Despite technology advances, journalists say finding qualified, articulate experts and securing interviews with them remains a difficult task, according to a new survey. That hunger for expert sources creates an extraordinary public relations opportunity.
Journalists need to improve the process of discovering and securing expert sources to help develop stories, according to the Expert Sources Survey completed by ExpertFile in conjunction with The Associated Press.
“Expert sources are critical to the reporting process. The need for credible experts that reflect diversity has never been more important for newsrooms,” said Dwayne Desaulniers, AP’s director of corporate news and data services.
“While we have seen many new technology advances in newsrooms, the process of discovering, vetting and connecting with a diverse set of media sources remains a tedious process,” said Peter Evans, CEO of ExpertFile. “Having access to a large, searchable network of credible experts who will respond to tight deadlines is becoming increasingly critical for journalists.”
Research Highlights a Media Hunger for Qualified Sources
More than half (55%) of journalists and other media professionals in newsrooms say they start with a Google search, but finding experts remains cumbersome. On average, a journalist takes two hours to secure an expert for an interview.
News organizations want greater diversity in the experts they interview, but most journalists (67%) still rely heavily on personal contacts.
- Promoting company subject matter experts offers a potent media relations tool. Promote company experts on the organization’s online newsroom by posting their bios, headshots, and links to published articles and media mentions.
- The average acceptable response time to an interview request is 14.5 hours. It’s imperative for PR to respond swiftly to media requests and promptly arrange interviews with company experts. The average response time to an interview request is 14.5 hours. Journalists often need a response within two hours.
- Video is a major factor in determining who gets media coverage: For three-quarters (76%) of broadcast and cable media professionals, access to video assets is an important factor in choosing an expert source. Apparently, skill at articulating one’s expertise is as important as the expert’s credentials. Posting videos of experts speaking on their specialties can attract media interest. Training can help improve experts’ speaking and presentation skills.
- Many, but not all, journalists consider press releases valuable for finding experts: 34% called news releases valuable or very valuable, and 38% said they’re somewhat valuable. News releases are not obsolete as a PR tool. Offering interviews with subject matter experts in press releases and media pitches can increase the chances of media coverage.
More Recommendations for Positioning Experts as Media Sources
There are many other ways PR can help position the organization’s experts as credible media sources:
- Journalists often look for experts on Twitter. Encourage your corporate experts to open Twitter accounts to comment on events in their specialty and express their opinions.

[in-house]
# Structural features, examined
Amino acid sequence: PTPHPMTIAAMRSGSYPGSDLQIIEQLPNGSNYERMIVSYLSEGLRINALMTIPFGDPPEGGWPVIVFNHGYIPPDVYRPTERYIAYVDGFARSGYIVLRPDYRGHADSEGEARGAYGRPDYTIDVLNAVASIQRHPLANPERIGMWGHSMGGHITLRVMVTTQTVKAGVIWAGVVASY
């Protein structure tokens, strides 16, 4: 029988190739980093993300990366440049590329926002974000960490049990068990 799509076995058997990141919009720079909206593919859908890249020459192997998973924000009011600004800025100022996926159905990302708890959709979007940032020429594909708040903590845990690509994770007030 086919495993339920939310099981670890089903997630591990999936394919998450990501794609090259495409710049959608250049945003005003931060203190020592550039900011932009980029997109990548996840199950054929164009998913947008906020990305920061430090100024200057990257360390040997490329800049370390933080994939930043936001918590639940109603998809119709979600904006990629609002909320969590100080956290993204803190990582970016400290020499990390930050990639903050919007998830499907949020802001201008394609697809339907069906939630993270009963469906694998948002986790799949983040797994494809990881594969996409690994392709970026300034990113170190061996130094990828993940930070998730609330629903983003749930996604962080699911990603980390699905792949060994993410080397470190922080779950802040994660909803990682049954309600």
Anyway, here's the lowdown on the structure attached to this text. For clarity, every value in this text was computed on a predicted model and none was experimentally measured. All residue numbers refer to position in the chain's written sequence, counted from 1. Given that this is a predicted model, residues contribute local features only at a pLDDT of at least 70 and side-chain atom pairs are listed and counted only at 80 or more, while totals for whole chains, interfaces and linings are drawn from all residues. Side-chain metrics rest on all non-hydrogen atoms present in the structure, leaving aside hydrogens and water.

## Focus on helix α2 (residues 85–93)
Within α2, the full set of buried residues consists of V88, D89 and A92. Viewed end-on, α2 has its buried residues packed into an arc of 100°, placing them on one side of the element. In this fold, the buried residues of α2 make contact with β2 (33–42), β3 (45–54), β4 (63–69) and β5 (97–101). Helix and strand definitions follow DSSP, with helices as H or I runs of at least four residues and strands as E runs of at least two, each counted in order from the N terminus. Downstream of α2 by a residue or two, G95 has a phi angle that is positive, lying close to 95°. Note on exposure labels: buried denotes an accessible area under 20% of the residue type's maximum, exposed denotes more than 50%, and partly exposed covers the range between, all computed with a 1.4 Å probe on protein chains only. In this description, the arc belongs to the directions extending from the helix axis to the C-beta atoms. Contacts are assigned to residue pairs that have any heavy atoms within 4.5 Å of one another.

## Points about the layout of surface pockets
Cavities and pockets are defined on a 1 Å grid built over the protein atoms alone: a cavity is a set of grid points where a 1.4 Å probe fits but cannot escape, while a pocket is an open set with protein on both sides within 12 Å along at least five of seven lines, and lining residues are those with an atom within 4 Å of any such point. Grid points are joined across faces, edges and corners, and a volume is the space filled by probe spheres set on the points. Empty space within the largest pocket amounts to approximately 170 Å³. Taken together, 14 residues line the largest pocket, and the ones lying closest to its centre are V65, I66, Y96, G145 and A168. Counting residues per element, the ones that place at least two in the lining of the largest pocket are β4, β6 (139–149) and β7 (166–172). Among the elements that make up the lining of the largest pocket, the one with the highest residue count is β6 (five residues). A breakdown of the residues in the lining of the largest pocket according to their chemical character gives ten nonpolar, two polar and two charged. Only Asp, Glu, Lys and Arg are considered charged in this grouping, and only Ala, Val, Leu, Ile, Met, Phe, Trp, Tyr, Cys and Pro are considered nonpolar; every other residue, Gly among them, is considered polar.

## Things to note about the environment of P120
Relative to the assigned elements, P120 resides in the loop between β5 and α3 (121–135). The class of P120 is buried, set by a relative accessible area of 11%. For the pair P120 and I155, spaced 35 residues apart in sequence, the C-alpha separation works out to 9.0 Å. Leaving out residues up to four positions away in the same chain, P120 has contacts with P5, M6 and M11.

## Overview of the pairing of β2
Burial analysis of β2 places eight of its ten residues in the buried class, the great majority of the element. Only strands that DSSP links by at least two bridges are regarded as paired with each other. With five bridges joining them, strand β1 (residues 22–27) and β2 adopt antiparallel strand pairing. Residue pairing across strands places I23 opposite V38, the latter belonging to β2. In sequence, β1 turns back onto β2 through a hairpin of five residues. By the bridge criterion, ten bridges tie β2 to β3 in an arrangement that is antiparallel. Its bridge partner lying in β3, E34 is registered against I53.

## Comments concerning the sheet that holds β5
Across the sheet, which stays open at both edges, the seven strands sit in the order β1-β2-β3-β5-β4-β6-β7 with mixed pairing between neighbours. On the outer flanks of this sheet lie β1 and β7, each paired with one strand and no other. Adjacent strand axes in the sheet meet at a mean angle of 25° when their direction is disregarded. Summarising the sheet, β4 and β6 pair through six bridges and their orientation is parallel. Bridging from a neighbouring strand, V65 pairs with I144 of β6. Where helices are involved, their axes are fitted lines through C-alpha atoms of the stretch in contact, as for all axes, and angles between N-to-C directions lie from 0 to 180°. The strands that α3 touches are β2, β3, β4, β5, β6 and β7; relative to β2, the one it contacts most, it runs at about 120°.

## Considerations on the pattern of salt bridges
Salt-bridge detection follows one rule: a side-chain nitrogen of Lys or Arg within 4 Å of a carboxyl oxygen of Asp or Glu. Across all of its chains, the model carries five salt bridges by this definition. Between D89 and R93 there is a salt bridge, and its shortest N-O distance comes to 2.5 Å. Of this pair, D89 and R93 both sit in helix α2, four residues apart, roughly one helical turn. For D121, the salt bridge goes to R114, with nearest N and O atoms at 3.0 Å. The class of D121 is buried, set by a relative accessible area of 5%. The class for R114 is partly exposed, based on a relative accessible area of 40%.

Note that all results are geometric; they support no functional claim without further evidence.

- Help experts write op-ed pieces for trade journals – and make the placements.
- Create a corporate speakers’ bureau and promote your experts for speeches at industry events.
- Enlist your best corporate experts in national speakers’ bureaus.
- Encourage your corporate experts to serve on boards of industry associations – and to participate in the association’s speakers’ bureau.
- Identify executives and managers who are active in national not-for-profit organizations and help them gain publicity for their activities.
- Submit your corporate experts for industry awards.
- In every product announcement, feature a technical expert to talk about the overall landscape for the product category.
- Circulate your organization’s list of experts to your best media contacts.
- Watch the news; notify your media contact of a company expert who can comment about an on-going news event.
- Publicize any awards your organization’s experts receive or publications they produce.
- Be more willing to take some risks by featuring your most outspoken experts.
- Sign up to be a source on Help a Reporter Out (HARO). “Subscribe to HARO,” says Kyle Peterson, partner at Clement|Peterson, a tech PR agency. “The free service will send you three emails per day listing articles that journalists are currently working on – and the sources they’re seeking to complete the story. Just be sure to respond quickly when a request fits your area of expertise (and HARO covers just about all industries), since there could be plenty of competition.”
- Answer questions on Quora. “Quora is a great place to share content in the form of answers to questions,” says Quincy Smith, marketing manager, Visiple, a video conferencing platform. “If you post and answer enough, you will get more credibility and people will not only ask you to answer questions but will also visit your site.” Make sure your business name and Twitter handle are in your account bio, and and include a link to your business in your posts, if or when appropriate.
What additional ways can you suggest to help your experts become valuable sources for the media?
Bottom Line: Promoting company experts as media resources is a crucial PR strategy. Journalists face challenges as they strive to identify credible experts, complete interviews before deadlines, and develop a more diverse range of expert sources. PR can help by promoting their company experts as media resources and preparing them for interviews.
William J. Comcowich founded and served as CEO of CyberAlert LLC, the predecessor of Glean.info. He is currently serving as Interim CEO and member of the Board of Directors. Glean.info provides customized media monitoring, media measurement and analytics solutions across all types of traditional and social media.